Brian Gerspacher

Anne E. Giardini

Mr. Jamie Gibson

Jack Gingrich

Don Globa

Dorothea Godt

John and Sheila Goering

Jordan Golubov

Elspeth Gonzales-Moser

Lloyd Gordon

Mindy Gordon and Greg Moran

Government of Canada – Cdn Enviromental Assessment Agency

Government of Canada – Environment Canada, Enforcement Branch

Noelle Grace

Cordell Grant

Shanon Grauer

Laurel Gray

Greta Constantine+

Marjorie Griffin

Tracey Griffin

Jane Gun-Munro

Warren Harding

Andrew Harmsworth

Patrick Harrigan

Bobbi Harris

Ralf Hartmann

Iris K. Hartog

Greg Hatswell

Margaret Hawton

Leigh Hayden

Maria Hayes

Tim Hayman

Healthy Planet

Hermander Heer

Tom S. Heintzman

Heather Henson

David Hertes

Jane Hess

Marilyn Hickox

Sharon Hill

Dale G. Hjertaas

April and Norbert Hoeller

Pat Hoffman

Clara Holmes

Holy Name School

Home Trust Company

Jay Hooper

Heather Horton +

Hot, Cold and Freezing

Craig Howes

Judith Howsam

Suzanne Huett

Heather Hughes

Humberside Montessori School

Doug Hummel

Joyce Humphries

Kevin Hutchings

David Hutton

Stephanie Hutton

Hydro One - Employee’s and Pensioner’s Charity Trust Fund

Kade, Charles and Richard and Edna Iacuelli

IKEA Canada

David Inman

Interprovincial Corrosion Control Company Limited

Dr. Nancy Ironside

Emi Isabey

Melanie Isbister

Jack Donohue Public School

Laura and Colin Jackson

Lewis Jackson and Dale Gardiner

Oscar Jacobs

Ljiljana (Lilly) Jakotic

James David Charitable Foundation

James N. Allan Family Foundation

James and Wendie Harrison Foundation at the Strategic Charitable Giving Foundation

Cathy and Ronald Jamieson

Jason Denys Medicine Prof. Corp

The Jennifer Headley Fund for a Living Planet at Toronto Foundation

Sandra Jessiman

Dr. Wolfgang G. Jilek and Dr. Louise M. Jilek-Aall

Michael John

David Johnson

John Derek Johnson

Mary-Anne Johnston

Phillip Jones

Dorothy A. Cook Joplin

Annelise Jorgensen

William Kachman

Gunter Kahlen

Kalantzis Foundation

Alan Kapler

Kapoor Investments Ltd.

Kapoor Singh Siddoo Foundation

Jennifer Katzsch

Dr. Jack Keith

Hagen Kennecke

Kenneth Hoyle-Strategic Planning & Management

Rumeesa Khalid

Carolyn Kiddle

Kiessling/Isaak Family Foundation at the Toronto Community Foundation

Gary Kimmel

Dr. Richard King-Brown

Natasha Kinloch

Lee-Anne Knight

S. Jean Koetsier-Adams

Yukiko Konomi

Michele Koyle

Martin Krippl

Mr. Philippe Lagacé-Wiens

Samantha Laliberte

Anne Lambert and Tom Welch

Mhairi Lang

Pascal Lataille

Jessica Lau

Diana Laubitz

Joanne Laughlin

Paul Lavoie

Fred Law

Jason Lawrence

Jennifer Lea

Robert J. Leask

Mary Legge

Christian Lemay

Robert Lemke

Marie Leonard

Roslyn Lestition

Laura L’Heureux

Elaine Lindo

Anne Lindsay

LinkedIn Matching Gift Program

Grant Linney

Lisa Listgarten

Beatrice Loach

Dave Loader

Heather Lockhart

Priscilla Lockwood

Tracy Logan and John Hogg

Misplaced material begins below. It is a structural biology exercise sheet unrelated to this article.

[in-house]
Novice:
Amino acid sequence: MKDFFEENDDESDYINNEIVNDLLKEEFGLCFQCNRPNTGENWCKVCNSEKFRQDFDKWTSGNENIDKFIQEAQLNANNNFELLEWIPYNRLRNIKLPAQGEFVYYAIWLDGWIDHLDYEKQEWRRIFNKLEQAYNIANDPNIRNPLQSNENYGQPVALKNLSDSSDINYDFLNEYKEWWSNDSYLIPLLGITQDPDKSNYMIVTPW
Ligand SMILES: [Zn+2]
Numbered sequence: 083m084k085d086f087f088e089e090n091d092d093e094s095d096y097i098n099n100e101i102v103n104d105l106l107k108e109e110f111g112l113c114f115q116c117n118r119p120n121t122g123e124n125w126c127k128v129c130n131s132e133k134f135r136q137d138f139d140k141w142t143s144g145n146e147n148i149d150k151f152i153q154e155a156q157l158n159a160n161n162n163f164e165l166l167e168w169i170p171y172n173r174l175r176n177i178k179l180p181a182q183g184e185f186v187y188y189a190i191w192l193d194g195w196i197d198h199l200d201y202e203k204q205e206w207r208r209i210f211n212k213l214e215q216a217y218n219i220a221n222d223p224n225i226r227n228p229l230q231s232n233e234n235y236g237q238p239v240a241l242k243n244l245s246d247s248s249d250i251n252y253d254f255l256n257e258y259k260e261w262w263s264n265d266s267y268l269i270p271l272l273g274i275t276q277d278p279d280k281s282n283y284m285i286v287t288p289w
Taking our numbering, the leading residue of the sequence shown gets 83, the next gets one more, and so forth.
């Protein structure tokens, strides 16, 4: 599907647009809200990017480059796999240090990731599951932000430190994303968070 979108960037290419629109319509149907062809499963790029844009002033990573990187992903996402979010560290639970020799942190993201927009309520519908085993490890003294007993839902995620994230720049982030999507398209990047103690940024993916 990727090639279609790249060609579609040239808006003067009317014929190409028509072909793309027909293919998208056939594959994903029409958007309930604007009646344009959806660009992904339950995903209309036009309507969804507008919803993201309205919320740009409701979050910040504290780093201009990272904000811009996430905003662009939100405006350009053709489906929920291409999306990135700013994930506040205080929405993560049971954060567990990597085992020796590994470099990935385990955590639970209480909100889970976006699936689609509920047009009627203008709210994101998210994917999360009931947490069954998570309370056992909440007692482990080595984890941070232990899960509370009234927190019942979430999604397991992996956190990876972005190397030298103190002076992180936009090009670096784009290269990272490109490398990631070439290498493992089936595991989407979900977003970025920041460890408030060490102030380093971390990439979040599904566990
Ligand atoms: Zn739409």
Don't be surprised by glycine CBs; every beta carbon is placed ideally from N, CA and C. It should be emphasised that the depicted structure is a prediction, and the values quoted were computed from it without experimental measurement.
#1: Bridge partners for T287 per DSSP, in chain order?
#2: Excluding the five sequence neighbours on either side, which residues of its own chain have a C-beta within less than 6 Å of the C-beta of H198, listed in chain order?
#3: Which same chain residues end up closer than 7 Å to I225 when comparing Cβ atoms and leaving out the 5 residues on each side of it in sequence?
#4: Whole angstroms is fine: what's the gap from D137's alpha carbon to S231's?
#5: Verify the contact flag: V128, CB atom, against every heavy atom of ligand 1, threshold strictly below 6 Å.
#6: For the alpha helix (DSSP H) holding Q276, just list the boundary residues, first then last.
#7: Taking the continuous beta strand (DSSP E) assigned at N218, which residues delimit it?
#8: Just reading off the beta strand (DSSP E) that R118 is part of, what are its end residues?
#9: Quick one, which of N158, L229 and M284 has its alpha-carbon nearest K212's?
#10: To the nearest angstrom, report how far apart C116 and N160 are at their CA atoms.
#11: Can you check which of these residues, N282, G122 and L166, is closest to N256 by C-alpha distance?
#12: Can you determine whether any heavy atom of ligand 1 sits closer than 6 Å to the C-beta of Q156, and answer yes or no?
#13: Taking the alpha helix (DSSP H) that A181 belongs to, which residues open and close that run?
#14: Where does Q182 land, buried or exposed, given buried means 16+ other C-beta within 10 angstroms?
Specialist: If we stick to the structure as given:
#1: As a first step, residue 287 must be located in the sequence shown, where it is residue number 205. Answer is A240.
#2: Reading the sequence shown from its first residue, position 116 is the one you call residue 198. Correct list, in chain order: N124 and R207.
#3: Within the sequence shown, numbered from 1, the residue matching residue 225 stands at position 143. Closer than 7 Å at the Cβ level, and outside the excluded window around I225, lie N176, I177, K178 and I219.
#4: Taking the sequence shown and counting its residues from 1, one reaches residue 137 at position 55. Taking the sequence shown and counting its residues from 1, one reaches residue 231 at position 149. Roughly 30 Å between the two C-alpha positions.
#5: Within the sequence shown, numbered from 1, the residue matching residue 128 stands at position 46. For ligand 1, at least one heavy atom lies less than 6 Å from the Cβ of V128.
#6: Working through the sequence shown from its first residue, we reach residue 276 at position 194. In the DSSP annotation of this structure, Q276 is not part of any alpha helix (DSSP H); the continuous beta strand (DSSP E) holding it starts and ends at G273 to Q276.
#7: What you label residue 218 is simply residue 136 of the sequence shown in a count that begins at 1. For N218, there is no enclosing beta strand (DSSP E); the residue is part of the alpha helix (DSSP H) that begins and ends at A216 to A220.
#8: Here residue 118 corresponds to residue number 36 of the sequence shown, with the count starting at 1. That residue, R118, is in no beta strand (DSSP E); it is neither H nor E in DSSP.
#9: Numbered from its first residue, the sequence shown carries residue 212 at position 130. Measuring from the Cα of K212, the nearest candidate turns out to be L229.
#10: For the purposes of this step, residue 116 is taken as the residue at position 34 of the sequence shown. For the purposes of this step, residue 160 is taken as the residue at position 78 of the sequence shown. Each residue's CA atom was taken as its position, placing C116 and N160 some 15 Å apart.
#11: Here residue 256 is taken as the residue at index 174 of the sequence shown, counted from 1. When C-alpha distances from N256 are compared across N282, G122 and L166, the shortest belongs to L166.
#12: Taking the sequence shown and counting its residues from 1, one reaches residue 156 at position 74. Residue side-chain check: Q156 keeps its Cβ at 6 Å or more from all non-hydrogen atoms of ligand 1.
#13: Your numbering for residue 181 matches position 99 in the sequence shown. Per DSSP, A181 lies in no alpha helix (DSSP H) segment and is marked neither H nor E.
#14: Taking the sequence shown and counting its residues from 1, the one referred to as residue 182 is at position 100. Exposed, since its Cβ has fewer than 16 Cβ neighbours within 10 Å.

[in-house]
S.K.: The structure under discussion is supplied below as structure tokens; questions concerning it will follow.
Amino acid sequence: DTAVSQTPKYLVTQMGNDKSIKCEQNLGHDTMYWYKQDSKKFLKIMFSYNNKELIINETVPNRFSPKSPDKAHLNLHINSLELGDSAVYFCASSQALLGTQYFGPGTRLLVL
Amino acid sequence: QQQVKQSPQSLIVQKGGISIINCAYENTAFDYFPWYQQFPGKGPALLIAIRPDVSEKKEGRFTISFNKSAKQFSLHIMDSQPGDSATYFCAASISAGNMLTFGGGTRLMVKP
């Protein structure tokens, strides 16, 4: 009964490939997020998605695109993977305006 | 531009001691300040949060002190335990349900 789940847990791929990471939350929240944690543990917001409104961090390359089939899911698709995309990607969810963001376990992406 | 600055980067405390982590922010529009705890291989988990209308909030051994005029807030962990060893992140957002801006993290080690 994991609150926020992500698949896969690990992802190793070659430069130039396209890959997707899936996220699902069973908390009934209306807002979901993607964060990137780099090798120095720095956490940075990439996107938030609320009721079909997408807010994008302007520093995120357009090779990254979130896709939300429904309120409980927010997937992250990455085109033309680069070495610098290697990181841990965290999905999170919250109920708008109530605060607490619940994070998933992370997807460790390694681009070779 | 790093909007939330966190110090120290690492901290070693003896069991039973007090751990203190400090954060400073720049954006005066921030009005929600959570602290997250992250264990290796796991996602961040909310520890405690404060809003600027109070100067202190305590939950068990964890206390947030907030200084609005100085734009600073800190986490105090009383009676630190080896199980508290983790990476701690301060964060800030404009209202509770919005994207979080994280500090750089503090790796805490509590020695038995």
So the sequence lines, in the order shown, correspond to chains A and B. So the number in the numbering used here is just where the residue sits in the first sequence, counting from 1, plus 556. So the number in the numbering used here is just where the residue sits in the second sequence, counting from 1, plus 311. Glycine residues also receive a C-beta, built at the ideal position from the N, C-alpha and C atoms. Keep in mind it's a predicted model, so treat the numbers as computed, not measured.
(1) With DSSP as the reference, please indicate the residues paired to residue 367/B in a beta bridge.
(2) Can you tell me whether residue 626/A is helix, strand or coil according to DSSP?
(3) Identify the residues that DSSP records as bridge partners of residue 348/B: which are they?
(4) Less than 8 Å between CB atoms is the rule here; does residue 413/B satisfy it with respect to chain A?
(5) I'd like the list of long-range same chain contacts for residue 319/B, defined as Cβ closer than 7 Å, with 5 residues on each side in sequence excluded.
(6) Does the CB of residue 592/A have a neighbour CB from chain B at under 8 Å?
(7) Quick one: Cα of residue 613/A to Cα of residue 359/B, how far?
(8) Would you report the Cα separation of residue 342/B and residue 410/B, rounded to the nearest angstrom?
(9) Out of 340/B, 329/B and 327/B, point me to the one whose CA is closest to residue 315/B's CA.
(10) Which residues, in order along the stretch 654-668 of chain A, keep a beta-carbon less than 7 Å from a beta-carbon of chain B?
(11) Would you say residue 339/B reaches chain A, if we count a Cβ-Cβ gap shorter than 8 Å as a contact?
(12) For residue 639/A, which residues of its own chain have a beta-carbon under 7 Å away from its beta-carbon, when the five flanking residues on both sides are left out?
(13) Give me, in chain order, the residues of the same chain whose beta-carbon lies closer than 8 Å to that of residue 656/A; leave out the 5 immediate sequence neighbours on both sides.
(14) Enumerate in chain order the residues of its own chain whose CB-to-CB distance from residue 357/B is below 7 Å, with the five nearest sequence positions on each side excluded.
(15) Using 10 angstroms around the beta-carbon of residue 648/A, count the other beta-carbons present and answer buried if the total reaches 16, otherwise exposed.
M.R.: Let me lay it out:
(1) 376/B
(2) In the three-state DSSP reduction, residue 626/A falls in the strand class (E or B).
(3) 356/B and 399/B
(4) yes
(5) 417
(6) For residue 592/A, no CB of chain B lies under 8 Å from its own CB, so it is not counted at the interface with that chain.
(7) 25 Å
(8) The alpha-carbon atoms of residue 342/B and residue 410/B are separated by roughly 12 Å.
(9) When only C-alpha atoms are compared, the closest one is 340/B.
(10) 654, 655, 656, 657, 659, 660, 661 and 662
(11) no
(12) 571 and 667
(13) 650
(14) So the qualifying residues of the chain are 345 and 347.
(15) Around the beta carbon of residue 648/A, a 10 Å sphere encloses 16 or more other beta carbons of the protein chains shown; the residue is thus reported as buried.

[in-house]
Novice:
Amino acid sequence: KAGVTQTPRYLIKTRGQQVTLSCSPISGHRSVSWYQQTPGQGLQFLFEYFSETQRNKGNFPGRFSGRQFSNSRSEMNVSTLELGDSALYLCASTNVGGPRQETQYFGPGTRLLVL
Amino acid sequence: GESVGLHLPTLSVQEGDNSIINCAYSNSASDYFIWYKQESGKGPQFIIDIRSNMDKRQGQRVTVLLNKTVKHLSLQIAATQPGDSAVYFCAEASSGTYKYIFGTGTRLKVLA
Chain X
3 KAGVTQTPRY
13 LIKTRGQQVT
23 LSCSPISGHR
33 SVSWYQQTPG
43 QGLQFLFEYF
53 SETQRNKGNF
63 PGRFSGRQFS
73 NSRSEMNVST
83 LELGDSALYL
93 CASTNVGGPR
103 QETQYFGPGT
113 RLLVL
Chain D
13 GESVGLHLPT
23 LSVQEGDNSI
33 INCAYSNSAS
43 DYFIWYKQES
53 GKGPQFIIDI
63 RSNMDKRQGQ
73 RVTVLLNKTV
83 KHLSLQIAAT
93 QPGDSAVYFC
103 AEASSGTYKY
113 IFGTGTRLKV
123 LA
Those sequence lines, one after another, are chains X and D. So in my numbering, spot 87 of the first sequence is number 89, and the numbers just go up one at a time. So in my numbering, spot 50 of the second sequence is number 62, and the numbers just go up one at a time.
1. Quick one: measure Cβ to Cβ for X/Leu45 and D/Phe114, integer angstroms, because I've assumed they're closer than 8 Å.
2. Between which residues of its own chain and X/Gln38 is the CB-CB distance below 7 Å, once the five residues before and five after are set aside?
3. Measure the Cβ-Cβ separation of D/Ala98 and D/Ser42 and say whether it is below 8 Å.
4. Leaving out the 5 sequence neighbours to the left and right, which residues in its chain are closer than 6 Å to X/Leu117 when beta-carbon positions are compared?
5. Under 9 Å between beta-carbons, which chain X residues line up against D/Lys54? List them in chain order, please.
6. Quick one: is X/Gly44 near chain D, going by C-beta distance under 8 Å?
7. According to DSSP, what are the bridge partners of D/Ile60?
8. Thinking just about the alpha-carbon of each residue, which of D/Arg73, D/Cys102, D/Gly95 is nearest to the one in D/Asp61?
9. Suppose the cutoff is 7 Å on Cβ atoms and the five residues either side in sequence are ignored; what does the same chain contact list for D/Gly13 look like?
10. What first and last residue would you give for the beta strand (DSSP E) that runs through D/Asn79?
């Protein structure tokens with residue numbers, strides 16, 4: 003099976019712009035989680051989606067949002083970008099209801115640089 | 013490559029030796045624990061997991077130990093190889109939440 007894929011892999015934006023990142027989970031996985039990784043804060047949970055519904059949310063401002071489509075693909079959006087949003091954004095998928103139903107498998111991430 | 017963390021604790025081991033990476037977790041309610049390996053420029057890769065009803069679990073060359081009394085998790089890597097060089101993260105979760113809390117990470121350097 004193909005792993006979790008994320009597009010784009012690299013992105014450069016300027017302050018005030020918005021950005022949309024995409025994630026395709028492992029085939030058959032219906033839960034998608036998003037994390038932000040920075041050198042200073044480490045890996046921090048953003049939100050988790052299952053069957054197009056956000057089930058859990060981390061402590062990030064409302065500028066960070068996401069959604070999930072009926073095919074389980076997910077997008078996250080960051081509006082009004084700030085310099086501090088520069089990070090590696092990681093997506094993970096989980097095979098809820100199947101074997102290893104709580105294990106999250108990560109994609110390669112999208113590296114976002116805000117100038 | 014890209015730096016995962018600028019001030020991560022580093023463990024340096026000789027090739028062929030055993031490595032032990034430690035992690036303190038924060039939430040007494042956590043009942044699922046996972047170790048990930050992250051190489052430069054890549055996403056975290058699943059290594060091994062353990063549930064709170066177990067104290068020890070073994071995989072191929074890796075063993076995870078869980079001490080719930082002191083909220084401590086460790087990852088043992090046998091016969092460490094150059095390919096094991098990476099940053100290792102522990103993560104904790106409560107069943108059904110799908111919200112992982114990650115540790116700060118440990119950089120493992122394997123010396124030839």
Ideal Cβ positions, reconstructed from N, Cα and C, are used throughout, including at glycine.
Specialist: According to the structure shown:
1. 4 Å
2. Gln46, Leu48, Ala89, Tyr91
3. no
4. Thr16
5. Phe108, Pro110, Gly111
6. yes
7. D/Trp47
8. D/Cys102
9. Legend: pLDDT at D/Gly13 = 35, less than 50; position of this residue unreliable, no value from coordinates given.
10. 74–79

Michele Longo

Dr. W. Paul Loofs

Sue Lowe

Rod Lutz

Lynx Equity

Angie Macdonald

April Macdonald

Dougal Macdonald

Lori MacEwen

Glenn Macintosh

Sheila MacMahon

Andrew MacMillan

Nancy Mainville

Jane W. Manchee

Kye Marshall

Wayne Marthaller

Francis Martin

Martindale Animal Clinic

Kathy Martyna

Simon Marwood

Chelsea Mason

Anne Matheson

Mr. Gordon Matheson

Sue and Biff Matthews

Wayne Matthews and Maureen Pennington

Kevin and Cathy McAllister

Tom H. McAthey

Martha McCall

Dr. Bonnie McCarron

Robert J. McCready

Andy Mcdonald

Gail McDonald

Sean McDonald

Marie McDonnell

Dr. Elizabeth McGill

Islay and Mike McGlynn

Jan McGregor

Marie McIntosh

Gloria McIntyre

Meredith McKague

Kelsie McKay

Kirk McKay

Anne McKenzie

Barb McLaughlin

Catherine McLean

June McLean

Anne McLellan

Margaret McMullen

Jay McMurray

Joyce McMurray

McPacific International Corp.

Deborah Mcphail

David Melone

Gordon Merrick

Meyonohk School

Michael and Honor de Pencier Fund at Toronto Foundation

Mill Street Brewery+

David R. Miller

Allen Milne

Steven Minuk

Kelly Moffatt

Helen and Stewart Moore

Brock Morris

Morrison Financial

Jane A. Mottershead

Mountain Coffee Ltd.

Jane Mowat

Mary Mowbray

Christina Mullin

Murex Canada Software Ltd

Kevin Murphy

The Muttart Foundation

My Stewards+

Robert Nadeau

Nationwide Appraisal Services

Nellis Roy Moyer & Mary Elizabeth Moyer Memorial Trust through the Victoria Foundation

Linda Nichol

Margaret Nisbet

Northam Realty Advisors Limited

Patrick Northey

Rodney Northey

Amani Oakley

Oakley & Oakley

Shelley Odishaw

Kelly Olsen

One-Eyed Dog Enterprises Inc.

Nir Orbach

Katie O’Reilly

Kenton Otterbein

Ralph Overend

Timur Ozelsel

Leslie Padwick

Matthew Paige

Sharen Parker

Pasadena Elementary School

Igor Pashutinski

Murray Paton and June Leong

Anne Patterson

Julia Pawluk

Laurie J. Pederson

Penguin Books Canada Limited+

Dennis Perry

Dawn Phelan

Marilyn Phillips

Bettie Plant

Brayton Polka

Nicholas Poppenk

Porter Novelli

Gaelle Potherat

Elizabeth Powles

The Powis Family Foundation

James D. Prentice

George Prieksaitis

Valerie Pringnitz

Provincial Employees Community Services Fund

William Quinlan

Sivaprakash Rajoo

Shannon Rancourt

Ms. Andrea J. Raper

Michel Ravani

Redirack Montreal

Elaine Reid

Thomas Richter

Riddle Room Inc.

Stephanie Riemer

Richard Rinn

Robert Bosch Inc

Dr. Mark Roberts

Christine Robinson

Susan and Keith Rogers

Melissa Rommens

Bart Rosborough

Philip Rosso and Marilyn Sanders

Jason Roth

Jim Russell

Doreen E. Rutherford

Chuck Rutledge

Elizabeth Ryan

Robert Sabourin

Maral Sadr

Salesforce.com Foundation

Robert Sandolowich

Deb Sankey